(b) If a sequential journal of official acts performed by a notary public is stolen, lost, misplaced, destroyed, damaged, or otherwise rendered unusable as a record of notarial acts and information, the notary public shall immediately notify the Secretary of State by certified or registered mail. The notification shall include the period of the journal entries, the notary public commission number, and the expiration date of the commission, and when applicable, a photocopy of any police report that specifies the theft of the sequential journal of official acts.
(c) Upon written request of any member of the public, which request shall include the name of the parties, the type of document, and the month and year in which notarized, the notary shall supply a photostatic copy of the line item representing the requested transaction at a cost of not more than thirty cents ($0.30) per page.
(d) The journal of notarial acts of a notary public is the exclusive property of that notary public, and shall not be surrendered to an employer upon termination of employment, whether or not the employer paid for the journal, or at any other time. The notary public shall not surrender the journal to any other person, except the county clerk, pursuant to Section 8209, or immediately, or if the journal is not present then as soon as possible, upon request to a peace officer investigating a criminal offense who has reasonable suspicion to believe the journal contains evidence of a criminal offense, as defined in Sections 830.1, 830.2, and 830.3 of the Penal Code, acting in his or her official capacity and within his or her authority. If the peace officer seizes the notary journal, he or she must have probable cause as required by the laws of this state and the United States. A peace officer or law enforcement agency that seizes a notary journal shall notify the Secretary of State by facsimile within 24 hours, or as soon possible thereafter, of the name of the notary public whose journal has been seized. The notary public shall obtain a receipt for the journal, and shall notify the Secretary of State by certified mail within 10 days that the journal was relinquished to a peace officer. The notification shall include the period of the journal entries, the commission number of the notary public, the expiration date of the commission, and a photocopy of the receipt. The notary public shall obtain a new sequential journal. If the journal relinquished to a peace officer is returned to the notary public and a new journal has been obtained, the notary public shall make no new entries in the returned journal. A notary public who is an employee shall permit inspection and copying of journal transactions by a duly designated auditor or agent of the notary public’s employer, provided that the inspection and copying is done in the presence of the notary public and the transactions are directly associated with the business purposes of the employer. The notary public, upon the request of the employer, shall regularly provide copies of all transactions that are directly associated with the business purposes of the employer, but shall not be required to provide copies of any transaction that is unrelated to the employer’s business. Confidentiality and safekeeping of any copies of the journal provided to the employer shall be the responsibility of that employer.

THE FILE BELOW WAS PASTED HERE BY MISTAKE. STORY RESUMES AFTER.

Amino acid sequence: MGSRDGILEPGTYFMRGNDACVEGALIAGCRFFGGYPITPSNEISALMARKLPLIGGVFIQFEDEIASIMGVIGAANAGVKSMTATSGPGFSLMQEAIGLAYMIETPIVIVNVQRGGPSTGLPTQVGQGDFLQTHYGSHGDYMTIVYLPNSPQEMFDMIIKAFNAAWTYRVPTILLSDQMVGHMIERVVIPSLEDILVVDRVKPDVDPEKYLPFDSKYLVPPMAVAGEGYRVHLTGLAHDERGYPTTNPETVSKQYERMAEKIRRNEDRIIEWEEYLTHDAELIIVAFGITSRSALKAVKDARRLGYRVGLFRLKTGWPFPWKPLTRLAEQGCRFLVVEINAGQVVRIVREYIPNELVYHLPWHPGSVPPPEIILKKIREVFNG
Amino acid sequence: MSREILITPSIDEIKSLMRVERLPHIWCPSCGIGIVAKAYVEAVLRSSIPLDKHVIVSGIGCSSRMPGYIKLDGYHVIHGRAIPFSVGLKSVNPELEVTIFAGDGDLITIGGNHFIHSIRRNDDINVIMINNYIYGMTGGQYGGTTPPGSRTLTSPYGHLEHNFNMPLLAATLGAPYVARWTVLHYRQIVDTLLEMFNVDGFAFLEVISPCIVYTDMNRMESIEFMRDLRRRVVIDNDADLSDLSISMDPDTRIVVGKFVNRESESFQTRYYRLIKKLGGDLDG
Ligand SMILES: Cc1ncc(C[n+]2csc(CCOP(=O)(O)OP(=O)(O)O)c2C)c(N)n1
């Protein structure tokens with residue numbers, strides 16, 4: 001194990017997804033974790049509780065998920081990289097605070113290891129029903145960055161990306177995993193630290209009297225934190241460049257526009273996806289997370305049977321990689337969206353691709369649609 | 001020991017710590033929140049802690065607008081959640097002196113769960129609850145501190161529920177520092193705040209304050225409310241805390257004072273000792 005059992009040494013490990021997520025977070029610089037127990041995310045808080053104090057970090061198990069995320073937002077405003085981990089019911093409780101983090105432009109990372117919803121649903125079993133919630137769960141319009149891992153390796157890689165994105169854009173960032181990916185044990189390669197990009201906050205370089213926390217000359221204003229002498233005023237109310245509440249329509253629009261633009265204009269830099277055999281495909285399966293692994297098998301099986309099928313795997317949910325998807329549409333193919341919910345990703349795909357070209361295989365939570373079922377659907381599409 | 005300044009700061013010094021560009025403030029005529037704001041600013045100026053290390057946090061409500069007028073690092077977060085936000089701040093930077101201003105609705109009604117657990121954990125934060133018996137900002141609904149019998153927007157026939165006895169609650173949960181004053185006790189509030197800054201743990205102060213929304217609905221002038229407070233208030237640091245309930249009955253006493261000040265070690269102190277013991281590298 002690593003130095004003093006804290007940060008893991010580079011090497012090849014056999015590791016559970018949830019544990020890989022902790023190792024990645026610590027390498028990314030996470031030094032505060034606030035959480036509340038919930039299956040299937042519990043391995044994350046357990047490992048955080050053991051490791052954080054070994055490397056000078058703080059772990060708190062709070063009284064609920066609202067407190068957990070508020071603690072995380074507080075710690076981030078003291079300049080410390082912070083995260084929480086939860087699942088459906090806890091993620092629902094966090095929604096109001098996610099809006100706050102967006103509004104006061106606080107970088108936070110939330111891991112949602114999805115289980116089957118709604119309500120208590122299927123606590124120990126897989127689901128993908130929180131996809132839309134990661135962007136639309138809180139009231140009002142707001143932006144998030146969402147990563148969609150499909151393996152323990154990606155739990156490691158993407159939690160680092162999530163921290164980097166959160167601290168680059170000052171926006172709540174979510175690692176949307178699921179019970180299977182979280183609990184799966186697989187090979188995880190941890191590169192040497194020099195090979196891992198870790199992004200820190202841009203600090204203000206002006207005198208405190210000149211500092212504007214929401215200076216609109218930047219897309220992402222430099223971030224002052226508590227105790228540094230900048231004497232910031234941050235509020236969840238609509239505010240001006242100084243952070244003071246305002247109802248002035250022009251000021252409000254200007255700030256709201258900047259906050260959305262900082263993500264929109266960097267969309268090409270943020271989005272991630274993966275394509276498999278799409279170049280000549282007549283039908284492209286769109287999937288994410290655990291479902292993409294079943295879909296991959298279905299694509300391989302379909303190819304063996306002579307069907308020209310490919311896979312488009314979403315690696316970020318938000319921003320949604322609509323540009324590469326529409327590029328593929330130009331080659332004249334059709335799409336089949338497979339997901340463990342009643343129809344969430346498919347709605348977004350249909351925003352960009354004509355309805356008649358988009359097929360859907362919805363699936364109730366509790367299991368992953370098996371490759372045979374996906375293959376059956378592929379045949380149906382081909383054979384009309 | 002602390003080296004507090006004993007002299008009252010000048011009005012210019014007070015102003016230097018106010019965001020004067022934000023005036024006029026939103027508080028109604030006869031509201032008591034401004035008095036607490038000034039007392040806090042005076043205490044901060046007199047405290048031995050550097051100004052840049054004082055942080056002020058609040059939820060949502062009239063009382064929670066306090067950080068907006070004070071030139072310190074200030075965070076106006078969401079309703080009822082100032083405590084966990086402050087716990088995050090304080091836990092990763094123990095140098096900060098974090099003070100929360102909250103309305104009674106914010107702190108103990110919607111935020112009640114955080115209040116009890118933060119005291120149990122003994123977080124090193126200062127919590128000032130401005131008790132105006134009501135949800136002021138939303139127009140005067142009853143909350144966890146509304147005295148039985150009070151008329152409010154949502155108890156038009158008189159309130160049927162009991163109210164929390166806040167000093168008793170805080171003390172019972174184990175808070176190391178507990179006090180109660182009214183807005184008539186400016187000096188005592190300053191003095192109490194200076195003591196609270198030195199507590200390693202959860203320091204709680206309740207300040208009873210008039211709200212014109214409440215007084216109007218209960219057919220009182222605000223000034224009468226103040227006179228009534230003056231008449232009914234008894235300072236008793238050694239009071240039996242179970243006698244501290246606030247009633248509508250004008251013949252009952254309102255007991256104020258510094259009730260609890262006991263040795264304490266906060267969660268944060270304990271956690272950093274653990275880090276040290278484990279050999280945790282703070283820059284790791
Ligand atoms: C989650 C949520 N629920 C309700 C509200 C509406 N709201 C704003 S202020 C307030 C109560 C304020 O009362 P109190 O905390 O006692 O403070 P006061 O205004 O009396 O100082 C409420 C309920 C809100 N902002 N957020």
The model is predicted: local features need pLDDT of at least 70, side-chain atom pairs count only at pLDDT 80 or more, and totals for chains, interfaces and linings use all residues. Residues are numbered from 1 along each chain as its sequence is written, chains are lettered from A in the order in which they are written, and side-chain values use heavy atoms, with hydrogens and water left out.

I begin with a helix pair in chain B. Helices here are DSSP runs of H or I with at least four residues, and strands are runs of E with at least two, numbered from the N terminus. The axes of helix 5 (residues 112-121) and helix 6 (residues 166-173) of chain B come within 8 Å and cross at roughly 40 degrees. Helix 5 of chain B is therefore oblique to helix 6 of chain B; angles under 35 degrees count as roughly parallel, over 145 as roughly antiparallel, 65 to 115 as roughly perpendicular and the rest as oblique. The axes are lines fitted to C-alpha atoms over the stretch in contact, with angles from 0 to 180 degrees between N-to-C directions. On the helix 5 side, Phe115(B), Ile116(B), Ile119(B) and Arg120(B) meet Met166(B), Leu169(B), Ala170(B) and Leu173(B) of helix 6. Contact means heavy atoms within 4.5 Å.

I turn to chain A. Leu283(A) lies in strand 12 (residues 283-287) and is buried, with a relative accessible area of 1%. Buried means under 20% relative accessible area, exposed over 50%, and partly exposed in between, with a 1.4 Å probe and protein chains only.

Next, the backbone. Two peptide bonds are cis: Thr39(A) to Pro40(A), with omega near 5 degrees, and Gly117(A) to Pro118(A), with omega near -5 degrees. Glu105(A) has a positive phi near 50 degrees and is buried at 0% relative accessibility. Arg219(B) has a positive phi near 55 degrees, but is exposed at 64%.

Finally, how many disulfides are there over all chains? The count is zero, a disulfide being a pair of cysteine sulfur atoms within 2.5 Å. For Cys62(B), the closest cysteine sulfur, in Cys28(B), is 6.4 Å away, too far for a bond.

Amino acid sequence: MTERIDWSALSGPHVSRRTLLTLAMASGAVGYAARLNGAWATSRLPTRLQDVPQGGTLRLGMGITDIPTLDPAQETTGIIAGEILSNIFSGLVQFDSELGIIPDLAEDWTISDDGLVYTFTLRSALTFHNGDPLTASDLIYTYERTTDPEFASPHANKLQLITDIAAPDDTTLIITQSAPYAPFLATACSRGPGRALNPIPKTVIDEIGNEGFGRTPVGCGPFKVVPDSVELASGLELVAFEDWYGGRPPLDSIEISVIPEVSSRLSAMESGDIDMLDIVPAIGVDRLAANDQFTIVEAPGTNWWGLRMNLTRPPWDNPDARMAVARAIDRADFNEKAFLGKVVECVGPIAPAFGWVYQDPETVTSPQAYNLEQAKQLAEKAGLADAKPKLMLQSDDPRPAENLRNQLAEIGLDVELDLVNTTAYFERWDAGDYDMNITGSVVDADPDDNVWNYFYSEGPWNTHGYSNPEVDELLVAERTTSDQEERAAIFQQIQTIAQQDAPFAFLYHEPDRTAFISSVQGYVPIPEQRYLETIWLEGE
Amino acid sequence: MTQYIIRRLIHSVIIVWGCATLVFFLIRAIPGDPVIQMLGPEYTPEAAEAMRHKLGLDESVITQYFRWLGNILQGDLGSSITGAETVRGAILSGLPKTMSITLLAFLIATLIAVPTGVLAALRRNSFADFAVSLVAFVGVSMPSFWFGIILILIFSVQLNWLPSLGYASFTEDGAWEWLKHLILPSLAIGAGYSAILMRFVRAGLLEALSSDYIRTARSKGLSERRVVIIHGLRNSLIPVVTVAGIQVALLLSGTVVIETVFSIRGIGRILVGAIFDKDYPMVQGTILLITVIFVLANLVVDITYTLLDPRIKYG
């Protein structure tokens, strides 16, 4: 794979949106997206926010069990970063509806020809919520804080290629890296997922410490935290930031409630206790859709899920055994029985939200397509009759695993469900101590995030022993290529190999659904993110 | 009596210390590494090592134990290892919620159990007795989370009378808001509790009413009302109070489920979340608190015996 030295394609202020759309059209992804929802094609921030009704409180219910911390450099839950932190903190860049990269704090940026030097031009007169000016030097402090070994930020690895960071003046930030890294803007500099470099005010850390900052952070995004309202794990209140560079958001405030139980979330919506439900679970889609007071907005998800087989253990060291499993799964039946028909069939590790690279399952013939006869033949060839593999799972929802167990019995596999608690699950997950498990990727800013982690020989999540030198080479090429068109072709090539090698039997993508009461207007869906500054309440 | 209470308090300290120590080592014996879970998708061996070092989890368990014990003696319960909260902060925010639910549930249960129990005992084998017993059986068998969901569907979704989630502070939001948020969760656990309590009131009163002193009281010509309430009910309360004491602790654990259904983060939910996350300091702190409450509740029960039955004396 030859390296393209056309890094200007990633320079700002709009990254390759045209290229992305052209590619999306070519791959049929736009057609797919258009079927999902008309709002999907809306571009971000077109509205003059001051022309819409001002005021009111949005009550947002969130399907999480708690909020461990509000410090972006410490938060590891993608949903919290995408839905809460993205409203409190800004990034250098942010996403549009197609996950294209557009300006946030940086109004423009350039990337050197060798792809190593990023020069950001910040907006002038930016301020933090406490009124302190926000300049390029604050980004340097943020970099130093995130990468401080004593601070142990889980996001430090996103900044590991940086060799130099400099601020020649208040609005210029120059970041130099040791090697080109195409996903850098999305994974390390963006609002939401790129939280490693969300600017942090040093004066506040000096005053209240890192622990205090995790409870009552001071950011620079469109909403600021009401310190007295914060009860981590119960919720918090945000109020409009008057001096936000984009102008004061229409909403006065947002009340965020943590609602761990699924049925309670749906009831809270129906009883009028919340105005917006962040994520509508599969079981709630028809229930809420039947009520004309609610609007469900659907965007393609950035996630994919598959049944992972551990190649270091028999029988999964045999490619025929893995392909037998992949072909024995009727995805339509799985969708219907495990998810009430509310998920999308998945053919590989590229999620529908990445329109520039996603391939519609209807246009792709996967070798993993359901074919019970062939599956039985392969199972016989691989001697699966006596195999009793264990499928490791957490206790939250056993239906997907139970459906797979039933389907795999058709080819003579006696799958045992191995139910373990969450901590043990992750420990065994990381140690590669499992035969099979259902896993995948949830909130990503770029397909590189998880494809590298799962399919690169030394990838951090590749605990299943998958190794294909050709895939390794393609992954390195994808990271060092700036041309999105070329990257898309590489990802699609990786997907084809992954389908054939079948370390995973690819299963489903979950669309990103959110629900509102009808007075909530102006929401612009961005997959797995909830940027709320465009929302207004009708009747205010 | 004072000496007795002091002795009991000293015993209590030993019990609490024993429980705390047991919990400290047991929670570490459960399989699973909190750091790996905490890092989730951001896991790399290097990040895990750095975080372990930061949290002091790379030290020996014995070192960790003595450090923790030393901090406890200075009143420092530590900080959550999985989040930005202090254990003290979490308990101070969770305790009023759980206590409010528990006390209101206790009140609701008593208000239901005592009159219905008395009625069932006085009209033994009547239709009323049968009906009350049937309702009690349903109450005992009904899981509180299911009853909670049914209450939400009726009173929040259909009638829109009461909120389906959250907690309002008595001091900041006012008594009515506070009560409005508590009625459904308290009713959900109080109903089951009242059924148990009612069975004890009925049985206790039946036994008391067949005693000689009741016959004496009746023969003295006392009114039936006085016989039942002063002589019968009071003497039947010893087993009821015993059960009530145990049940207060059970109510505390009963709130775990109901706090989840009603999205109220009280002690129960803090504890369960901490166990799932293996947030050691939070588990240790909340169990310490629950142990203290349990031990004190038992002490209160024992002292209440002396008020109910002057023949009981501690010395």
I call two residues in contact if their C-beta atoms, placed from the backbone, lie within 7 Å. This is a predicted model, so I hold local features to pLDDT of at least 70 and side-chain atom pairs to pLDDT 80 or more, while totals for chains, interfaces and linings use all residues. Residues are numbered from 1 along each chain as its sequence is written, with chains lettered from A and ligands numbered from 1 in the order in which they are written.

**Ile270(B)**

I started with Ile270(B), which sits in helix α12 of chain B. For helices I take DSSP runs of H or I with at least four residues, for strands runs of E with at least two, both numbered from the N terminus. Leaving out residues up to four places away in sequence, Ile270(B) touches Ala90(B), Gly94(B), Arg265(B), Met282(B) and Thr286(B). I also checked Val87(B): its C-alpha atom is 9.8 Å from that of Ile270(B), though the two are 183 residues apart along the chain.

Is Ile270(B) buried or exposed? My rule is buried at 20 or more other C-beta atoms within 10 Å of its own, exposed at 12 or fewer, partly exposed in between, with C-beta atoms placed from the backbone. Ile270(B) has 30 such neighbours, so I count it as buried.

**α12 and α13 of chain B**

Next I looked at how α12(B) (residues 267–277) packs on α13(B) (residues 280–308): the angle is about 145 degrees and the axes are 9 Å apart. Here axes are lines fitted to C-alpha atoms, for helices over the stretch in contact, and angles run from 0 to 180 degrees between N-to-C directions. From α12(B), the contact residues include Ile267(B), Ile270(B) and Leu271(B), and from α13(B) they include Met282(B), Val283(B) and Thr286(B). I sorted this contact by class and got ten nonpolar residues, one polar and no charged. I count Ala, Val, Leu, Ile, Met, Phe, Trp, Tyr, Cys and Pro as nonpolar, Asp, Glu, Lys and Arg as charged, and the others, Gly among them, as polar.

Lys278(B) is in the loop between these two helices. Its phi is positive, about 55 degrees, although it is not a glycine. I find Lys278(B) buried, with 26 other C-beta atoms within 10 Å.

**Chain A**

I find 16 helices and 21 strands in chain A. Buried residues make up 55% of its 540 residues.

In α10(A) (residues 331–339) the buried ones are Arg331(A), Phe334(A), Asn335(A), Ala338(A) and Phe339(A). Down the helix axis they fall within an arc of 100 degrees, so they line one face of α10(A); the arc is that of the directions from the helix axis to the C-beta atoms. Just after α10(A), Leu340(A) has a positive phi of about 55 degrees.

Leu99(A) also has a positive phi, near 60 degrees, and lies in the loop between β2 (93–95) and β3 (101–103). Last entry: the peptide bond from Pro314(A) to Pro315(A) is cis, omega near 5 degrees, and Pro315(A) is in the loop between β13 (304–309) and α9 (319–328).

(e) The notary public shall provide the journal for examination and copying in the presence of the notary public upon receipt of a subpoena duces tecum or a court order, and shall certify those copies if requested.
(f) Any applicable requirements of, or exceptions to, state and federal law shall apply to a peace officer engaged in the search or seizure of a sequential journal.